Will one Aprilaire Dehumidifier cover my whole home? If humid air rises why install in downstairs? Wouldn't it be better to install upstairs.

Friday, February 18, 2011 by Aprilaire Team
Consumer question:

Will one Aprilaire Dehumidifier cover my whole home?  If humid air rises why install in downstairs? Wouldn't it be better to install upstairs.


Aprilaires' response:

Thank you for contacting us about your dehumidifier questions. Your logic does make sense in wanting to add a dehumidifier upstairs. However, humidity starts in areas that are darker and with less air movement which are usually basements. If the unit is put upstairs than we are simply containing the humidity level upstairs and not at the root source down stairs. If you can keep the humidity contained downstairs than the upstairs levels will not "see" this humidity.


Consumer follow up question:

Ah yes for Basements that makes sense. I live in Texas and have a two story home on slab. Upstairs is two bedrooms and a full bath. Down stairs is master bed, master bath, kitchen, living room, and dining room. Upstairs is about 800 sq ft and down stairs is about 2000 sq ft, probably about 300 sq ft of conditioned attic space. I have a sealed attic that has been foamed in. I need to install a dehumidifier before summertime or I will have moisture issues. If I install a dehumidifier downstairs it will have to be a stand alone unit, probably in living room or dining room. If I install ,either whole house system or stand alone, upstairs I can install in sealed attic and duct it to the two upstairs bedrooms. I cannot run any new duct work to the down stairs due to the layout of the two story home.

My only other option is a whole house system ducted into my central HVAC system. The HVAC is installed in the sealed attic. The main return from downstairs and the two from upstairs, one in each bedroom, all connected from duct work to into a plenum on the air handler. The outlet plenum is connected to the opposite side of the air handler and runs duct work all back through the house. If I connect the inlet from the whole house system into the return and the outlet into the main side how does the system no just cycle air around the shortest path through the air handler when it is not on? Path of least resistance! Also when the air handler is on wouldn't the pressure from the outlet side of the HVAC try to cycle air backwards in the dehumidifier?

That is the reason for the moist air rising question. any suggestions would be grateful.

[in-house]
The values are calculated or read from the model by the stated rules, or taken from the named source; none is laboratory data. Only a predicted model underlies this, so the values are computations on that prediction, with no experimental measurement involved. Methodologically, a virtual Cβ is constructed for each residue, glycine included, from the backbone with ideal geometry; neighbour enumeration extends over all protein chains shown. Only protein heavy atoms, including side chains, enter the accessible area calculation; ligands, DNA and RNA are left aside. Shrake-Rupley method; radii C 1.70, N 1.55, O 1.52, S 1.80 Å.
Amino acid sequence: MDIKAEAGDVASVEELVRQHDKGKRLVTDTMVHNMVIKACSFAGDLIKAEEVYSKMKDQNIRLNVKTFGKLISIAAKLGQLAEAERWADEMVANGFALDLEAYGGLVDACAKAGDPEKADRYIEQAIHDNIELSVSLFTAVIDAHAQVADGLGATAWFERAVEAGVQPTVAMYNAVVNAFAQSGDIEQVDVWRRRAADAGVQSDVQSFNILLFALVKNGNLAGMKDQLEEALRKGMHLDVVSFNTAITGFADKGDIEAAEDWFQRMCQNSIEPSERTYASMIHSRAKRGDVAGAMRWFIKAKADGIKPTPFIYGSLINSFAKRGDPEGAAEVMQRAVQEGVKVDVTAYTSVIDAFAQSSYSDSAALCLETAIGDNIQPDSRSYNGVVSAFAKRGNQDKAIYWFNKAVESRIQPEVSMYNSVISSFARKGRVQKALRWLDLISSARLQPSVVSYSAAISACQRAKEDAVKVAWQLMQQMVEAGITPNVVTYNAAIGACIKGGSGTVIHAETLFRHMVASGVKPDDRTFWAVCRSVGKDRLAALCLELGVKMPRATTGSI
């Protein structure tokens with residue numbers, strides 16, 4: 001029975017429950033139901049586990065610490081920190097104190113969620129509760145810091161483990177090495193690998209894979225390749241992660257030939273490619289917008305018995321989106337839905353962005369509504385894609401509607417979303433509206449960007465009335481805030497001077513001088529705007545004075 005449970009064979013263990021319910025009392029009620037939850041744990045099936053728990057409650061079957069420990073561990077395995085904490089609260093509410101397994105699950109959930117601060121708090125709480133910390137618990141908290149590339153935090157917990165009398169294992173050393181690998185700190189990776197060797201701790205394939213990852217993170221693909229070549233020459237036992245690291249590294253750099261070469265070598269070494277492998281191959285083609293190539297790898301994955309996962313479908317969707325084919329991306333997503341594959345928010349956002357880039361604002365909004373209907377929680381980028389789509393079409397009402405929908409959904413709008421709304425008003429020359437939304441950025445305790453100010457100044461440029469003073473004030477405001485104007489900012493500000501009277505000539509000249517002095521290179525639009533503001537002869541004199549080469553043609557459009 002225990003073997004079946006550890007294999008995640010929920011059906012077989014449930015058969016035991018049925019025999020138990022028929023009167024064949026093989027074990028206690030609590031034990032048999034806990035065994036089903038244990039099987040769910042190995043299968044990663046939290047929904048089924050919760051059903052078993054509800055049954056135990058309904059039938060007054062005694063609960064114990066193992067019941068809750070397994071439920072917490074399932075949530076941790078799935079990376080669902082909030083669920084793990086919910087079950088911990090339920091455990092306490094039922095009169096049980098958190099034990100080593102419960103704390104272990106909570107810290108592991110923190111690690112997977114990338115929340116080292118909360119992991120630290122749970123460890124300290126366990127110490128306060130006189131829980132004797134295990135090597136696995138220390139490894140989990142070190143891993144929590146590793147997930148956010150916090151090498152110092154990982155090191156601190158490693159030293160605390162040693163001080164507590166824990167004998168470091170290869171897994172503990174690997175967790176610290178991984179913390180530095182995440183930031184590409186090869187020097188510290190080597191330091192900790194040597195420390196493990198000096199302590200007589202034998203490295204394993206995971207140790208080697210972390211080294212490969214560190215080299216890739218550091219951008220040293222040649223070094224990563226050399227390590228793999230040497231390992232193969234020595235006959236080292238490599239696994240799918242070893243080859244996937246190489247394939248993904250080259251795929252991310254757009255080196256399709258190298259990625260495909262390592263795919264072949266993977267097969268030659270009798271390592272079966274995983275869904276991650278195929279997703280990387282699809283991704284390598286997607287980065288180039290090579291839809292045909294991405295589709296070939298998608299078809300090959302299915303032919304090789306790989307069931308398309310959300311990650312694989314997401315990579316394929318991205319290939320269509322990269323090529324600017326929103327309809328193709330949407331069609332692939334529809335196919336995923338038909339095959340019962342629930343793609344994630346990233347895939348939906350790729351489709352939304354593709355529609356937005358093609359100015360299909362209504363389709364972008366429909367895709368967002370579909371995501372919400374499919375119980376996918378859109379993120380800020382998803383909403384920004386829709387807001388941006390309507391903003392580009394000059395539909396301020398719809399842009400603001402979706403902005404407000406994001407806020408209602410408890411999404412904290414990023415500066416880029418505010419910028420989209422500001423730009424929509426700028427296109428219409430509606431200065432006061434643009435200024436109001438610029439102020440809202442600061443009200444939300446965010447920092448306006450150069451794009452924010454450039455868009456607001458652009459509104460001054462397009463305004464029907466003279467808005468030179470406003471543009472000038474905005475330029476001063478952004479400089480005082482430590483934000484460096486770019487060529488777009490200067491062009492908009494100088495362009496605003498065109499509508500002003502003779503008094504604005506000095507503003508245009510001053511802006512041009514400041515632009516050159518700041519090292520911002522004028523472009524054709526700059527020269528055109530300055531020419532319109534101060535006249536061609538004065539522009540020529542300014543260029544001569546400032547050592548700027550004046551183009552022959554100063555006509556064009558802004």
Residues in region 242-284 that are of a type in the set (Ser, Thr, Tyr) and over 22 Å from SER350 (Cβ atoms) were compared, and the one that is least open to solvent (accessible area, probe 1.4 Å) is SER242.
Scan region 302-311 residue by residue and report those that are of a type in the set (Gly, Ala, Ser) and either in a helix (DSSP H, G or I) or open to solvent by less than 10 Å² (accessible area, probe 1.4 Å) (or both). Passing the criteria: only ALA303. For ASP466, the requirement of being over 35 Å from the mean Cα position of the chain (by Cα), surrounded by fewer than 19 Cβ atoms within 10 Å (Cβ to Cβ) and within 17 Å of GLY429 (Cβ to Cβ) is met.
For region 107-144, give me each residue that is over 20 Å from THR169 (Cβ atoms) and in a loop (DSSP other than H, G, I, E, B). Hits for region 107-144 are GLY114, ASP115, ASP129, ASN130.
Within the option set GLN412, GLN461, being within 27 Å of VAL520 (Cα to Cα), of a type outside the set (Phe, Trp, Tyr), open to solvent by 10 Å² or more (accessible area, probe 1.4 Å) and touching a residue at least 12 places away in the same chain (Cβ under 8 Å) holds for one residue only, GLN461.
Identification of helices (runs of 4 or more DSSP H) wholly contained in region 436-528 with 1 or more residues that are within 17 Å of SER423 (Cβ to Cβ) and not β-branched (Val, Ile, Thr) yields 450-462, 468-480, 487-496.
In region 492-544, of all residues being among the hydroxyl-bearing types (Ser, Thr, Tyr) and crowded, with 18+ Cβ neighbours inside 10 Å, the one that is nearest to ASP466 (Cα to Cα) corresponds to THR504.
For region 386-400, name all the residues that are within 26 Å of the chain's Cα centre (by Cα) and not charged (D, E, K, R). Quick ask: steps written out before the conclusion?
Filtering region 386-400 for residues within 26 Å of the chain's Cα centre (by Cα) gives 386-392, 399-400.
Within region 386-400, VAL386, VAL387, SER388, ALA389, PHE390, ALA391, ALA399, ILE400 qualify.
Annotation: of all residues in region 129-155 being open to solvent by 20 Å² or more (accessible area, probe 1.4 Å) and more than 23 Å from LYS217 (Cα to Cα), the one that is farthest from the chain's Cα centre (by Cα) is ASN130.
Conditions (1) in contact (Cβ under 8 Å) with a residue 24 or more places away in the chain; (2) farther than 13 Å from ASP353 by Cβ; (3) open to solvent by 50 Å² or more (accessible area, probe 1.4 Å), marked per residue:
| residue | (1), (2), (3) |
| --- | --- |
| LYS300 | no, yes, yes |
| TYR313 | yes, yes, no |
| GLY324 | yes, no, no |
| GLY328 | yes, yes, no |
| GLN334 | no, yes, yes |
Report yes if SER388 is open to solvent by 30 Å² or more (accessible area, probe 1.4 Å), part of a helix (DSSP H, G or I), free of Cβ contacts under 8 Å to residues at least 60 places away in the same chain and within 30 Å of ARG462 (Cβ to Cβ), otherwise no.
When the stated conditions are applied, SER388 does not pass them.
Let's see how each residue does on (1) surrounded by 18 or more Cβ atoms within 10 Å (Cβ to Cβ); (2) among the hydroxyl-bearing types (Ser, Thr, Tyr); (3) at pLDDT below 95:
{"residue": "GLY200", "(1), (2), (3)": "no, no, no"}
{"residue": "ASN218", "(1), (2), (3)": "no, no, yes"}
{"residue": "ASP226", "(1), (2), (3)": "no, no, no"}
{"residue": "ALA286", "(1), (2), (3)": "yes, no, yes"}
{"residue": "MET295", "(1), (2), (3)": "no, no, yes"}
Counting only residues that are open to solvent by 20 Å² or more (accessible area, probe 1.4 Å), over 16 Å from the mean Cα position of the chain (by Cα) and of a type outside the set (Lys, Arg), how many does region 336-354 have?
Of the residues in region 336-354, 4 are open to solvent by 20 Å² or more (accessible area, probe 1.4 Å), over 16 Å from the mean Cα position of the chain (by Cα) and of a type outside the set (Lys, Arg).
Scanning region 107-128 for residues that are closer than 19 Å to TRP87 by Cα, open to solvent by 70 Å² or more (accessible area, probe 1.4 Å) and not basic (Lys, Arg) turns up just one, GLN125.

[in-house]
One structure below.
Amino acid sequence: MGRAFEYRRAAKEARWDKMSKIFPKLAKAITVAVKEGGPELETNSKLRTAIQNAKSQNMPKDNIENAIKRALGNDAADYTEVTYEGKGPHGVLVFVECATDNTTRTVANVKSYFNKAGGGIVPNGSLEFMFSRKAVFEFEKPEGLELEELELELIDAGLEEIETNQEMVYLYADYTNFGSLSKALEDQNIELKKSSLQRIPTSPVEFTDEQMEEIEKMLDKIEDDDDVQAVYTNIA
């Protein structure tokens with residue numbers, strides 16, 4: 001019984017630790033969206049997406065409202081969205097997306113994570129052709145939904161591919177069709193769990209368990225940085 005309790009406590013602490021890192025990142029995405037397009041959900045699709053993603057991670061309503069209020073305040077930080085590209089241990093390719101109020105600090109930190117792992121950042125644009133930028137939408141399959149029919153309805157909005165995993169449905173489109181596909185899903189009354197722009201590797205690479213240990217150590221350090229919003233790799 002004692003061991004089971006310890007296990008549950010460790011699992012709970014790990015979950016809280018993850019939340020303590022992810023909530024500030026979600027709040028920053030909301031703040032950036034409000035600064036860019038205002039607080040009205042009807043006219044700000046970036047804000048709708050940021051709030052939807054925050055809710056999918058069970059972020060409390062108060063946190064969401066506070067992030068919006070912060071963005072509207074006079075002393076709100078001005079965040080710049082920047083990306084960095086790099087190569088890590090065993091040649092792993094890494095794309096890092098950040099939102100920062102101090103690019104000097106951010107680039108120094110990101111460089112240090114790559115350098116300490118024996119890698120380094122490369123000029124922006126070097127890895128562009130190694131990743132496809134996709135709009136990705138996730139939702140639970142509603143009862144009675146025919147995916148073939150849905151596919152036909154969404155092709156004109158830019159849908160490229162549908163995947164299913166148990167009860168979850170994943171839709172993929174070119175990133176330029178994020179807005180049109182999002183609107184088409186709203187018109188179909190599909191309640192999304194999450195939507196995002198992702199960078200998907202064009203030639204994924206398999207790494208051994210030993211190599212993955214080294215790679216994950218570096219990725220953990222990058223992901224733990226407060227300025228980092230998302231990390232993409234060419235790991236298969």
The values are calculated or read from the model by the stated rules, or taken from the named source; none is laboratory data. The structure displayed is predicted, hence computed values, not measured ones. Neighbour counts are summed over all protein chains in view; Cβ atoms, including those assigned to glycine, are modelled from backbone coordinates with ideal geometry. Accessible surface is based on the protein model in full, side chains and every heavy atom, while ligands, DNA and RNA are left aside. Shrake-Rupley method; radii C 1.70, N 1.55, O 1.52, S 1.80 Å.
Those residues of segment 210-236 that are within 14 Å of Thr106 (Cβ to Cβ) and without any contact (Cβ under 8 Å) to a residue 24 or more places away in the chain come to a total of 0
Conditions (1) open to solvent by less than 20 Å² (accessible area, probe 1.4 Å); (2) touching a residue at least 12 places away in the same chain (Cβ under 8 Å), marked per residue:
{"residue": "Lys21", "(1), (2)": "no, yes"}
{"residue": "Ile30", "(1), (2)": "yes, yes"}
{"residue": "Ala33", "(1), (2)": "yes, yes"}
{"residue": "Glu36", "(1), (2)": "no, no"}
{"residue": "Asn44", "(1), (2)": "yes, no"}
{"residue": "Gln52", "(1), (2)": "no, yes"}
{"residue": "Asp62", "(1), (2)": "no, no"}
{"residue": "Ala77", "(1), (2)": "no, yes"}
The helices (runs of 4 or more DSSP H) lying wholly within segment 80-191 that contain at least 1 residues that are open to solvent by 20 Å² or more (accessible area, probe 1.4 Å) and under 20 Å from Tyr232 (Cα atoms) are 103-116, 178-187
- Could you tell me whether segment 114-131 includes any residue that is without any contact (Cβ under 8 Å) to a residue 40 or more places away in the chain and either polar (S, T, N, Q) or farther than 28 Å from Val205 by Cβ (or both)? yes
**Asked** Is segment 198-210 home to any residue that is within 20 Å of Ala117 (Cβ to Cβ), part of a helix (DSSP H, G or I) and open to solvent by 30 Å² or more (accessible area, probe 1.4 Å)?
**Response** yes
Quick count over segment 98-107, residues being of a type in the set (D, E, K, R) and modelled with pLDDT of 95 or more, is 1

Aprilaires' follow up response:

In your situation, you only option will be to install a dehumidifier to the central HVAC system. By doing this, you will dehumidify any humid air that raises from the basement area. This will still dehumidify the basement area too. The way this will be done will be a result of how the upper level are being dehumidified. By lowering the humidity levels in the upper levels this will allow the basement humidity to raise quicker because humidity is displaced to areas that are less humid. In this case, the dehumidified upper levels.

With the dehumidifier ducted to the HVAC system and tied into the fan, the issue of "path of least resistance" is not a factor. Reason being is because the force of the air will push the air around the home at a certain CFM. Some area's may receive air that is dryer than others but this air will even out over time.

Comments for Will one Aprilaire Dehumidifier cover my whole home? If humid air rises why install in downstairs? Wouldn't it be better to install upstairs.

Monday, October 28, 2013 by clarence christian:
Good day to you.Very informative site!Q:have a 600 AAbypass installed .,controlled by #60 h/stat h water is connected from a tankless heater.flow rate from humidifier not enough to trigger tankless heater-so water is cold.Any suggestion to get hot water.W/H Iis non recirc.Thanks
Wednesday, November 27, 2013 by Brett:
Thank you for contacting us with regards to your Aprilaire Model 600 Humidifier. As tankless water heaters usually require a demand that’s much higher than what the humidifier uses, it won’t provide the humidifier with hot water. Another option would be to invest in a low-volume water heater that has a tank. You may find relatively inexpensive 2.5-5 gallon units that will operate on gas or electricity. This should provide more than enough capacity for the humidifier.
We appreciate the opportunity to be of assistance.

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